My ID cards were then returned to my hand and on them I noticed that my job title. It was my turn for surprise.
‘Second in command to Mr Ramaphosa‘ my ID card read.
It’s because I speak French I somehow reasoned. And to test out my theory I practiced a quick French phrase in my head. I tried the same sentence in the present and past tense. Hmm. Not convincing.
Next, I was taken down a long passage. The civil servant leading me, had a broom in hand and occasionally swept autumn leaves. We stopped at a rickety door with broken handle and hollow lock. She pushed the door open and lead me into a large sunny conservatory with glass windows all around. The room was filled with beds (old steel beds with thin sprung mattresses and army issue bedding). There are more beds in the room than space to walk comfortably around them.
“Americans who come to work here always expect a large room all to themselves,” said my civil-servant-cleaner by way of explanation. I started to tell her that I’m not American and asked what I should do now, but she was gone and I was alone.
My whole dream played out as if filmed with a sepia filter.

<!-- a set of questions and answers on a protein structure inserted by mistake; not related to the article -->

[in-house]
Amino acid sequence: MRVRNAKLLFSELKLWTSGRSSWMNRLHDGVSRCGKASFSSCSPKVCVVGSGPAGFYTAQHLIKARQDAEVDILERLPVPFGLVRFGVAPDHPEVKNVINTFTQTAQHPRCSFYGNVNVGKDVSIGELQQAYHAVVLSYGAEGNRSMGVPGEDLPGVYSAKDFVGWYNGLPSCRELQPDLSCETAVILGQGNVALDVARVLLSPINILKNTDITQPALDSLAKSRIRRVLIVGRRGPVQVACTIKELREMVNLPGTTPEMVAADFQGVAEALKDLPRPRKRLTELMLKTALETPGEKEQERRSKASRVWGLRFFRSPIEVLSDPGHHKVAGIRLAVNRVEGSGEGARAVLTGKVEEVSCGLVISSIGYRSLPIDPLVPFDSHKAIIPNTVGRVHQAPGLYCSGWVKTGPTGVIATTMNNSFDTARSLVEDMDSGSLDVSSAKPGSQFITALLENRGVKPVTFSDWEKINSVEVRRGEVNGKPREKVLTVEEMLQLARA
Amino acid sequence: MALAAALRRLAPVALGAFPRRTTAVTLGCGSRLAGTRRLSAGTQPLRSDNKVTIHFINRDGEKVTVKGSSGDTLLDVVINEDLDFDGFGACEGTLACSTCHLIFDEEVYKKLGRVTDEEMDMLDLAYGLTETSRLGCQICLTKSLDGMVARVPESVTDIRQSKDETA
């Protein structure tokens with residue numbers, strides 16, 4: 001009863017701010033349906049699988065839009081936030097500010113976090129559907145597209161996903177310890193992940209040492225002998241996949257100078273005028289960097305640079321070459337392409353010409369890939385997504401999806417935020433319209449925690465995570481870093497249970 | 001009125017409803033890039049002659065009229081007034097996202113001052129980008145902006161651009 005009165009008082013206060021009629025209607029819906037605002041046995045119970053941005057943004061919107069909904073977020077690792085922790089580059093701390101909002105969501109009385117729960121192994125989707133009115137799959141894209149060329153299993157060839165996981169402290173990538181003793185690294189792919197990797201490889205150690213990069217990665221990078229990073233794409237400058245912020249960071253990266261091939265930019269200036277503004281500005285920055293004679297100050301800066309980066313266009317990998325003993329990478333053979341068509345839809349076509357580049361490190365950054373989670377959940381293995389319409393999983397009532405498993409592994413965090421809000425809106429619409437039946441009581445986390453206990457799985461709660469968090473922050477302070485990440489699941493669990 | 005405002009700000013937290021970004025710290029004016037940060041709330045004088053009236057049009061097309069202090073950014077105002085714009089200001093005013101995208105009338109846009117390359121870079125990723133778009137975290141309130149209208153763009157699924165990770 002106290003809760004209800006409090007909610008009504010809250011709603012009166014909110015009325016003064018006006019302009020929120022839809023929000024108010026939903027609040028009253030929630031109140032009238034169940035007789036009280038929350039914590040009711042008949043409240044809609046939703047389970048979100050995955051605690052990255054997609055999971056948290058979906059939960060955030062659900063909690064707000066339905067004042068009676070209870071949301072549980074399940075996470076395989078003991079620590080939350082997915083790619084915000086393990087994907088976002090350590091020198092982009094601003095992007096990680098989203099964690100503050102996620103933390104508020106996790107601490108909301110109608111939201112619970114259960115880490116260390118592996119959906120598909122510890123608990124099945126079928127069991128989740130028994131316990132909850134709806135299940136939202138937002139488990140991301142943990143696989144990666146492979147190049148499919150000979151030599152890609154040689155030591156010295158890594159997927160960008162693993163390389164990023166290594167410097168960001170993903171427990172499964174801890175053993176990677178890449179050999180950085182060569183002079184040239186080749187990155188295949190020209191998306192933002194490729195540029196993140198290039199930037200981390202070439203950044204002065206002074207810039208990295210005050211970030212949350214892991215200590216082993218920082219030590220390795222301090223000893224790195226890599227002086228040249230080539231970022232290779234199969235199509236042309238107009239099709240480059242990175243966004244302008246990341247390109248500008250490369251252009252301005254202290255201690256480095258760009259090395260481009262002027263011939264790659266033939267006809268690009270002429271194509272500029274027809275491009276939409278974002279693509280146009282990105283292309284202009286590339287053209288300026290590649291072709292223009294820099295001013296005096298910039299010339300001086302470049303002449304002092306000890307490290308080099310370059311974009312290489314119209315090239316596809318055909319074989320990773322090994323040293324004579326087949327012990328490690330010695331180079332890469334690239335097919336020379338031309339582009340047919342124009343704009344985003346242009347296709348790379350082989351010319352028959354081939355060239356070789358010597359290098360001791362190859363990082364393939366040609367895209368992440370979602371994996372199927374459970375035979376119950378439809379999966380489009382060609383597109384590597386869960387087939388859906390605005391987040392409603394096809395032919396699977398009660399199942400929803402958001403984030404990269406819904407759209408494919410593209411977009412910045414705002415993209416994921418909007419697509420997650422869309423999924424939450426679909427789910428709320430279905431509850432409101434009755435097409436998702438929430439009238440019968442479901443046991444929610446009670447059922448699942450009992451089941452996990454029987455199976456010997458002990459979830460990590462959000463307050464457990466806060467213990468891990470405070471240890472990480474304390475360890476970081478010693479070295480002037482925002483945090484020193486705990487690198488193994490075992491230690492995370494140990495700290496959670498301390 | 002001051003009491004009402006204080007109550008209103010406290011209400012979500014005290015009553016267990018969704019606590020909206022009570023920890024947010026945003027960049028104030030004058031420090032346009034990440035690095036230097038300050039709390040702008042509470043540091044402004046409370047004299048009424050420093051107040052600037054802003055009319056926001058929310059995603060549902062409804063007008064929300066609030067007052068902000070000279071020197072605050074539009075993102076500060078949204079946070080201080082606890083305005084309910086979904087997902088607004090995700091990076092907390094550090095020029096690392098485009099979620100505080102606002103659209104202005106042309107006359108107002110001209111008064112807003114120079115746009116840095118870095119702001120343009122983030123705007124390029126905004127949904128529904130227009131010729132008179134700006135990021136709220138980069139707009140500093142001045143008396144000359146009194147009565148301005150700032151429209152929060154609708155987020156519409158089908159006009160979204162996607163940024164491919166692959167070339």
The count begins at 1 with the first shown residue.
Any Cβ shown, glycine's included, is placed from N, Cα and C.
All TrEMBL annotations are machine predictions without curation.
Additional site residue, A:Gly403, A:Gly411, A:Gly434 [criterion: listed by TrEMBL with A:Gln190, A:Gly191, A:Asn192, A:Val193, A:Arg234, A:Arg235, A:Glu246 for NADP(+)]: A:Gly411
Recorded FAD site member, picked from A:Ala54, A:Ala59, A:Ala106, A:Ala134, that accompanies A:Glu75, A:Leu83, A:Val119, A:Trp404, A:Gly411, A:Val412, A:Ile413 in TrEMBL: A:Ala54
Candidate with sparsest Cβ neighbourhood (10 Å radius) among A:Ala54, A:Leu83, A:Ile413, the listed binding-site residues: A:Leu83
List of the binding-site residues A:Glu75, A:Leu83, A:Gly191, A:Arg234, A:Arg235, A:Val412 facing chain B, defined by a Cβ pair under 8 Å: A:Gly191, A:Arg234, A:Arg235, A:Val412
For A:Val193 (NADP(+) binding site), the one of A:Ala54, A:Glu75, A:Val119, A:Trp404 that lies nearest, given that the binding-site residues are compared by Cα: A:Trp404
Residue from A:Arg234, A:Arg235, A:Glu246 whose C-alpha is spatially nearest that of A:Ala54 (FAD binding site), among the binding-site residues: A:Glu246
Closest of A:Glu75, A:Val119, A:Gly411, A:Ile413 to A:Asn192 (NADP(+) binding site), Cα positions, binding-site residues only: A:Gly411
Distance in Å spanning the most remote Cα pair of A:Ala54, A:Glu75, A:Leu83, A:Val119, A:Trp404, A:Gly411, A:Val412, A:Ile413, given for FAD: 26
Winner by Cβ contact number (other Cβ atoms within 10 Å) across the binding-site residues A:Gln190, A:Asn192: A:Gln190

And that’s it. That’s the dream.
What was that all about?
In other news, our little long weekend sojourn in Germany was a wonderful break. We spent time with old friends, attended a First Holy Communion service, ate a lot of German bread and did a 51km cycle around Mainz city in the surrounding forests including a tour of the ‘famous’ Mainz football stadia (original home of the wonderful Jürgen Klopp).
P.s. This dream pre-dates COVID-19 – I dreamt it in December 2019. So it’s not the workings of a COVID saturated brain. The details have remained clear in my mind, which is rare, as I usually forget my dreams fairly quickly.
P.p.s. I recently dreamed that I was attacked by a fish at a local pub. Hubby says my dreams are ridiculous and weird and that maybe I shouldn’t ask for your help to interpret this one.
P.p.p.s. I love it when a story (book, play or film) starts with a dream. One of my favourite dream-starts (nightmare, in fact) is in Wuthering Heights by Emily Brontë. The story begins: “I have dreamt in my life, dreams that have stayed with me ever after, and changed my ideas; they have gone through and through me, like wine through water, and altered the colour of my mind. And this is one: I’m going to tell it – but take care not to smile at any part of it.” What I don’t like, is a story that ends with: “It was all a dream”.
P.p.p.p.s. In case your political knowledge of South Africa is but rudimentary, Mr Cyril Ramaphosa (to whom I am second in command) is the president of South Africa and the head of the ruling party, the African National Congress (ANC).
P.p.p.p.p.s. I’m reading Bill Bryson’s The Body: A Guide for Occupants. The current chapter is ‘The Brain’ – both fascinating and hilarious. It reminded me that I need a dream interpretation.
P.p.p.p.p.p.s. In chilli news, Hubby has been starving his chillis of water and it seems to be working – they are getting hotter. Last night we harvested about 45 chillies and today I pickled them.